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Canada

MANDEL: Boxing legend George Chuvalo’s wife wins first round in ugly family battle

George Chuvalo’s wife has scored a major knockout against her stepkids in her fight to bring the Canadian boxing legend back home.

An Ontario Superior family court judge has dismissed an application initiated almost four years ago by his two adult children that sought a divorce for their dad from Joanne Chuvalo and tried to have her evicted from the marital home and placed under a restraining order over their allegations she was a drug-using, gambling-addicted gold digger who depleted half a million dollars from the couple’s bank accounts.

“It was all lies,” sighs Joanne, 63. “They didn’t have evidence to back up any of their claims because none of it was true.”

Adds her lawyer, Chris Graham, “There’s not a single order that the kids wanted. None of the horrific allegations against their father’s wife stood, they all got shot down.”

Canadian boxing legend George Chuvalo. (Getty images)

Justice Kenneth Hood dismissed all claims initiated by Mitchell and Vanessa Chuvalo “with prejudice” — meaning they can’t be raised again.

It’s a sad, ugly battle waged over a national sports hero whose years in the ring have left him so mentally incapacitated that he can no longer make legal decisions for himself.

“The kids started this fight when George lost capacity and he never agreed to it and he couldn’t stop it,” Graham says of the failed divorce application. “It was sad to watch. I’ve never seen anything like it.”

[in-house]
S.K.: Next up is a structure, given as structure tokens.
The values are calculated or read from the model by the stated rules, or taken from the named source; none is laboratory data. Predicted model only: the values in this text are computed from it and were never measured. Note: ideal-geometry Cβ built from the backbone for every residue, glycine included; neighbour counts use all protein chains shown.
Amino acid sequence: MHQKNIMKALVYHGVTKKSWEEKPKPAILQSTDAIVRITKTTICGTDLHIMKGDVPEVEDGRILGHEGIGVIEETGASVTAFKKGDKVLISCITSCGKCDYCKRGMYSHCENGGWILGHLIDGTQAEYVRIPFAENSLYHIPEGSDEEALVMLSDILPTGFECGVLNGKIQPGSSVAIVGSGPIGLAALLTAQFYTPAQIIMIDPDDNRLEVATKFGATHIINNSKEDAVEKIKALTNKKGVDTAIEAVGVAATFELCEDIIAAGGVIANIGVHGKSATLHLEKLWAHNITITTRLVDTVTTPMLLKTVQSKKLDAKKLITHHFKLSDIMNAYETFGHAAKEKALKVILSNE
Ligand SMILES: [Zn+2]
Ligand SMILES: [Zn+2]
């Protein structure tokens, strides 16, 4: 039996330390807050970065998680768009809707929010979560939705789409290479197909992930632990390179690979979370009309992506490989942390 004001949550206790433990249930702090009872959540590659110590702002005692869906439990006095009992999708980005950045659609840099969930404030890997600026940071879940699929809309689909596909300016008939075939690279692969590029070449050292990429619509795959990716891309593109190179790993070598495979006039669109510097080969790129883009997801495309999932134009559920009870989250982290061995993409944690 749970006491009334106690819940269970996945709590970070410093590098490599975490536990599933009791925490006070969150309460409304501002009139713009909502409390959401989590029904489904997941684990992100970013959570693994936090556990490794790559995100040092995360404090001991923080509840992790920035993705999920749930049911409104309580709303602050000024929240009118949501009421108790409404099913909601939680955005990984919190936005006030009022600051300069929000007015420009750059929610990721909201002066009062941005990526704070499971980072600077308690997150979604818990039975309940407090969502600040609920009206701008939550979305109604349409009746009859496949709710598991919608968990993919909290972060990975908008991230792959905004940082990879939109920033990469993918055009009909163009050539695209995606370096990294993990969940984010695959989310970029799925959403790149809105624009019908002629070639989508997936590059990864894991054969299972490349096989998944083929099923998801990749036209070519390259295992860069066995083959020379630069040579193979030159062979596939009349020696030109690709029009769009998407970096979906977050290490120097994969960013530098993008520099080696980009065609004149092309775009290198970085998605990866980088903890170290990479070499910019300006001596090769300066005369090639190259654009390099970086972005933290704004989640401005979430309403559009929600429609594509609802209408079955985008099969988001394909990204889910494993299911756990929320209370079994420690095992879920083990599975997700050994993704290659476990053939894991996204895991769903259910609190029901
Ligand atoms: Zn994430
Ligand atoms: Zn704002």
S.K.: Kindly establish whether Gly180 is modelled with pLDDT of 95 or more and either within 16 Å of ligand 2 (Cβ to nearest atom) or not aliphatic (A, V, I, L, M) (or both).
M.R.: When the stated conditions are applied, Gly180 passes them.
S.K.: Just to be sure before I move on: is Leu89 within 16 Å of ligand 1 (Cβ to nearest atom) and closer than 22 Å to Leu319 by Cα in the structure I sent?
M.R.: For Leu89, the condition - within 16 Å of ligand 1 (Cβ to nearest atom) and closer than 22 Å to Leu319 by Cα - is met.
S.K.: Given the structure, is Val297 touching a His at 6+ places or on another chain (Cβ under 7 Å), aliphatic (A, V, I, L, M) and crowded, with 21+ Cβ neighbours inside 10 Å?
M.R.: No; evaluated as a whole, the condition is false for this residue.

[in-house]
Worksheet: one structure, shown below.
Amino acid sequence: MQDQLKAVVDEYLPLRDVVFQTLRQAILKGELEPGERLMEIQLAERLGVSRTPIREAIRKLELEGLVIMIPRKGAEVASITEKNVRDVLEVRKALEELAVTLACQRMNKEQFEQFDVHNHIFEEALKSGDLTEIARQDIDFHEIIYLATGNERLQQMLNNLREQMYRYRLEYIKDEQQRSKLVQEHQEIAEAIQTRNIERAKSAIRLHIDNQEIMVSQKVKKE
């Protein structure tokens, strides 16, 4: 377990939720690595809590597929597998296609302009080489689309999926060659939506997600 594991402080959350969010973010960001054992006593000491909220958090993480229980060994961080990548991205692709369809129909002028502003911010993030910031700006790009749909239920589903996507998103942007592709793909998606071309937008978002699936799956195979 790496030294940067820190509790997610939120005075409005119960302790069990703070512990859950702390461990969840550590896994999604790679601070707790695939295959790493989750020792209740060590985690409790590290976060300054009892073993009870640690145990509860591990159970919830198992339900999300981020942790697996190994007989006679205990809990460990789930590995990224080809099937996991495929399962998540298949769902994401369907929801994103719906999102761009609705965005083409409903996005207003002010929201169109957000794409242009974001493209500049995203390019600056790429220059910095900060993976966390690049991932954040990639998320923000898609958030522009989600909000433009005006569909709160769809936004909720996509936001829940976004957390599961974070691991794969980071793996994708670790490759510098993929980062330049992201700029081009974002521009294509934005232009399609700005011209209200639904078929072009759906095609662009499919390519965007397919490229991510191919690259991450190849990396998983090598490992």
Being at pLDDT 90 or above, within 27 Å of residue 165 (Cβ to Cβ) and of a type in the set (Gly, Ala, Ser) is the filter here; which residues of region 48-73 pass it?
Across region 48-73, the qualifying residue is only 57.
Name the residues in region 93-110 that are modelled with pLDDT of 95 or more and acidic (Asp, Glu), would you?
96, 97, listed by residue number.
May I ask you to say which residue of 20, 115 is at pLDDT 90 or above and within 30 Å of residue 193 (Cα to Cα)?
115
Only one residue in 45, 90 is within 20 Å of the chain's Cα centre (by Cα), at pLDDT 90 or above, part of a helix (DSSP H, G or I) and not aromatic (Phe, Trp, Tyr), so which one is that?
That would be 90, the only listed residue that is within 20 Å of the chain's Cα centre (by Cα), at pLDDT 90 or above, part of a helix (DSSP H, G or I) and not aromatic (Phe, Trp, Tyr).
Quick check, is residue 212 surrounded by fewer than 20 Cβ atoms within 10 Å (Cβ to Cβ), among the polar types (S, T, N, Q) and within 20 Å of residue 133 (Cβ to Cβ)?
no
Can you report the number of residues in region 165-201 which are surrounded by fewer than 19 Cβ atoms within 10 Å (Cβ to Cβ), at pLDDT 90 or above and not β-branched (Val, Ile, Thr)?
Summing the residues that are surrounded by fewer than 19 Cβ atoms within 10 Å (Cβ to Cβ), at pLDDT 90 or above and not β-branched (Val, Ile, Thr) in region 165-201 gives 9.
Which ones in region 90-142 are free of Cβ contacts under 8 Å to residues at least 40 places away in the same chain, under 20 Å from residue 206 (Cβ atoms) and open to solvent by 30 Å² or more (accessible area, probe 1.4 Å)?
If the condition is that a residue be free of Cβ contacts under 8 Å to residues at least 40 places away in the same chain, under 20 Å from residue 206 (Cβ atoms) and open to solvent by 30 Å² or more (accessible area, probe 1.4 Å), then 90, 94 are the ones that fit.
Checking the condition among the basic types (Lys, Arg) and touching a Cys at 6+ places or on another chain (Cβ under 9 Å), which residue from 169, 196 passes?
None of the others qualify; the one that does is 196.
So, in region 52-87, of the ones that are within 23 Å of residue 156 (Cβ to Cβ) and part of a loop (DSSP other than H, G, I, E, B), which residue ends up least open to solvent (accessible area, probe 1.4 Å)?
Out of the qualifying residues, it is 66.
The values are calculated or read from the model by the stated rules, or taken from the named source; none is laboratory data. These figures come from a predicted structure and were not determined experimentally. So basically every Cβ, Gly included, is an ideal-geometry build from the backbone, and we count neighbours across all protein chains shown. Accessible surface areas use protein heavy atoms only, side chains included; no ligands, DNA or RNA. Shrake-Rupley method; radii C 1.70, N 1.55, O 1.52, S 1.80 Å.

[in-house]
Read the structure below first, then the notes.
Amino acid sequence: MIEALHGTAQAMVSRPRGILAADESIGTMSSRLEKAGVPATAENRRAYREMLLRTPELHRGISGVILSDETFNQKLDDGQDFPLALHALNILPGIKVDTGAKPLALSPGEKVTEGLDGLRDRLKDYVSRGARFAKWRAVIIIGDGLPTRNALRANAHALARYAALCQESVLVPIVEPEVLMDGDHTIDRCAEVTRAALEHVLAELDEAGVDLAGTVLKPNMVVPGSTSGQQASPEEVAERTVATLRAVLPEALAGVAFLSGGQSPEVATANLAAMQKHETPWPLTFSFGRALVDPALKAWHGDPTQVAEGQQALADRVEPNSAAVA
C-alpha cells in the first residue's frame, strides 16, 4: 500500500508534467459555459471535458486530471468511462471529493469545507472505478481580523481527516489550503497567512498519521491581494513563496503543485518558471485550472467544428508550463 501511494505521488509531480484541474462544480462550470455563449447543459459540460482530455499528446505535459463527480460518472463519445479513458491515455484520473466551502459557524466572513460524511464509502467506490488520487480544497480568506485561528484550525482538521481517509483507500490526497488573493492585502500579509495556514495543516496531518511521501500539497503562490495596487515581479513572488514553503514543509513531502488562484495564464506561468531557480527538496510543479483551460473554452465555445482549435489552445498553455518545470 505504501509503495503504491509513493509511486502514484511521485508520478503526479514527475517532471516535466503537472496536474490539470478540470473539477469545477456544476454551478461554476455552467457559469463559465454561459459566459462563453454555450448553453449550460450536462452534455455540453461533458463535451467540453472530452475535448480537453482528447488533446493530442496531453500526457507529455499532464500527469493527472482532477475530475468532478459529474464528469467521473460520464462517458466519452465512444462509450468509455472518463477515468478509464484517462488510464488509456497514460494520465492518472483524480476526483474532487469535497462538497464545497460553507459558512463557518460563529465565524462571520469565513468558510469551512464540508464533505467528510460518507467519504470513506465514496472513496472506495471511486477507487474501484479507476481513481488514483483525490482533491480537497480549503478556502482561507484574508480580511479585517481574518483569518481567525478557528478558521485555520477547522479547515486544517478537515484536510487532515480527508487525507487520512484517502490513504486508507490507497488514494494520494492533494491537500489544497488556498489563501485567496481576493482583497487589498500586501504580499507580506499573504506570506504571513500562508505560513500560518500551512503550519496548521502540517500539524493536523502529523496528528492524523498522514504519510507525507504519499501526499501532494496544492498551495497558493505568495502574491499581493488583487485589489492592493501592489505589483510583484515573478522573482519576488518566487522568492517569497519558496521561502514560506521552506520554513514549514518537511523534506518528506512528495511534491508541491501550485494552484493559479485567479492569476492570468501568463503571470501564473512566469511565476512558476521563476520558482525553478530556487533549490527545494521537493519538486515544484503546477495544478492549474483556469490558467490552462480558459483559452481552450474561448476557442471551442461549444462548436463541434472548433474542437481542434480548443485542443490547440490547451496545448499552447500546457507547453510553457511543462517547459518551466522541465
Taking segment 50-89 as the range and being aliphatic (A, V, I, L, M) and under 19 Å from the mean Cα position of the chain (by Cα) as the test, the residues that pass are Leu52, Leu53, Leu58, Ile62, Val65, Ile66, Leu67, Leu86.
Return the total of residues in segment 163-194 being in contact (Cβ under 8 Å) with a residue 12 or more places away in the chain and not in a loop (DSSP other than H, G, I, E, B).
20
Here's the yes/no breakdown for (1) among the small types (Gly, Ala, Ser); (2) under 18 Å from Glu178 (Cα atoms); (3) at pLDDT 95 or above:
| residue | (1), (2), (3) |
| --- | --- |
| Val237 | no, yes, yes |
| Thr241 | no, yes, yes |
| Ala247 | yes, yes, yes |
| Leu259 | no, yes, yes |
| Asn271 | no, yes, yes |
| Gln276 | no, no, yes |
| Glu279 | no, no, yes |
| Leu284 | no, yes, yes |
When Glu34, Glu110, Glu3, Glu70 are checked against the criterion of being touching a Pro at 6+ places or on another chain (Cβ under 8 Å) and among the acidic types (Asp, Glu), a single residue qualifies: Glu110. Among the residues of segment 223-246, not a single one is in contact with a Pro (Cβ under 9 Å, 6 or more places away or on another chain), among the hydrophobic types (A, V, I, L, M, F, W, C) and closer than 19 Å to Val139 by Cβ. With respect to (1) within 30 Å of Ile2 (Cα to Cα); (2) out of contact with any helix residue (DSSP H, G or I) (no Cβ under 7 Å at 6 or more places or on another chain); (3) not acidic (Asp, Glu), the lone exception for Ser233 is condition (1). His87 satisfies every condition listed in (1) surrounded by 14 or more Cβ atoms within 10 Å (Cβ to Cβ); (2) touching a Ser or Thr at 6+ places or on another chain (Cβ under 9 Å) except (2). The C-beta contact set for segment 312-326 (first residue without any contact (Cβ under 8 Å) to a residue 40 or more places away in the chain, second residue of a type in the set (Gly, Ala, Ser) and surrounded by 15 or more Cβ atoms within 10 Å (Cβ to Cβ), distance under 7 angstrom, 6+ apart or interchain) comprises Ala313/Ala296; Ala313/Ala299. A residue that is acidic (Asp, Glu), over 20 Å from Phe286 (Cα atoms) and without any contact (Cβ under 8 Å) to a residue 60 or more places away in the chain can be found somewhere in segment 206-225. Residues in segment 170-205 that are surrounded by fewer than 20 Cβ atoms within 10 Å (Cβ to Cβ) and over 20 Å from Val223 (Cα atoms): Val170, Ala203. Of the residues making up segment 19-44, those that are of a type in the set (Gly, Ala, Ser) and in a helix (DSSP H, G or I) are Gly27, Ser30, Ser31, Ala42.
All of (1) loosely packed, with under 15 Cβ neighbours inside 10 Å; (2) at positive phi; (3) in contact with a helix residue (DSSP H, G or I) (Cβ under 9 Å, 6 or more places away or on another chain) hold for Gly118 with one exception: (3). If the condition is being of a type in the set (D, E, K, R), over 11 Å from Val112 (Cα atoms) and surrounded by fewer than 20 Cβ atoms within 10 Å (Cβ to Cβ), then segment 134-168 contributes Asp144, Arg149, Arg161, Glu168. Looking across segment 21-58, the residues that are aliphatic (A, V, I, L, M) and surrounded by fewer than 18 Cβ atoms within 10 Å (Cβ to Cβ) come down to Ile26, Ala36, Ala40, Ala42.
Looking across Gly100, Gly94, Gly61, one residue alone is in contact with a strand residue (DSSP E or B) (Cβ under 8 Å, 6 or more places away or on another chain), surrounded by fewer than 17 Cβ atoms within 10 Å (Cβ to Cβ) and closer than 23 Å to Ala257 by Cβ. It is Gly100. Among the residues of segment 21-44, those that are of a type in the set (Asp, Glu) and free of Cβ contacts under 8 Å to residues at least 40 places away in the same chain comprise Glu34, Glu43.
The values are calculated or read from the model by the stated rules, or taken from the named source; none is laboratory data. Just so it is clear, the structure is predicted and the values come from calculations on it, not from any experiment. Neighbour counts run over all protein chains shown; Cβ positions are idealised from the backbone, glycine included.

As part of the settlement, Joanne agreed to put Chuvalo on title to their Caledon home and sell two of her properties, with half the proceeds in trust for her ailing husband. But despite the best efforts of his kids using their power of attorney, she remains the wedded second wife of Canada’s five-time heavyweight champion.

Canadian heavyweight champion George Chuvalo takes on Muhammad Ali in a 12-round bout at Pacific Coliseum in 1972. (Sun files)

Yet while the increasingly confused 81-year-old former pugilist is traipsed around town to club openings and karaoke nights, she remains home alone.

“George has been hidden from me,” charges Joanne, “and the only reason is that he wanted to come back to me.”

As her husband’s condition continues to deteriorate, the retired nurse is anxious to care for him. But that’s for the next round in court to decide: Joanne has applied to be his personal care guardian and have a trust company appointed to take care of his assets. His children want to retain guardianship of both.

“Our retirement savings have been wiped out in a case that neither of us wanted,” Joanne says.

Boxing great George Chuvalo (far right) had a sandwich named after him by Lorne Pancer (middle) at Pancer’s Original Delicatessen, 3856 Bathurst St., in North York, on Thursday, Jan. 31, 2019. WWE wrestler Bushwhacker Luke (far left) was also on hand. (Stan Behal/Toronto Sun/Postmedia Network)

The couple marked their 25th wedding anniversary on Jan. 27. The Public Guardian — appointed by the court to look after his legal affairs — had checked with Chuvalo and he wanted to celebrate.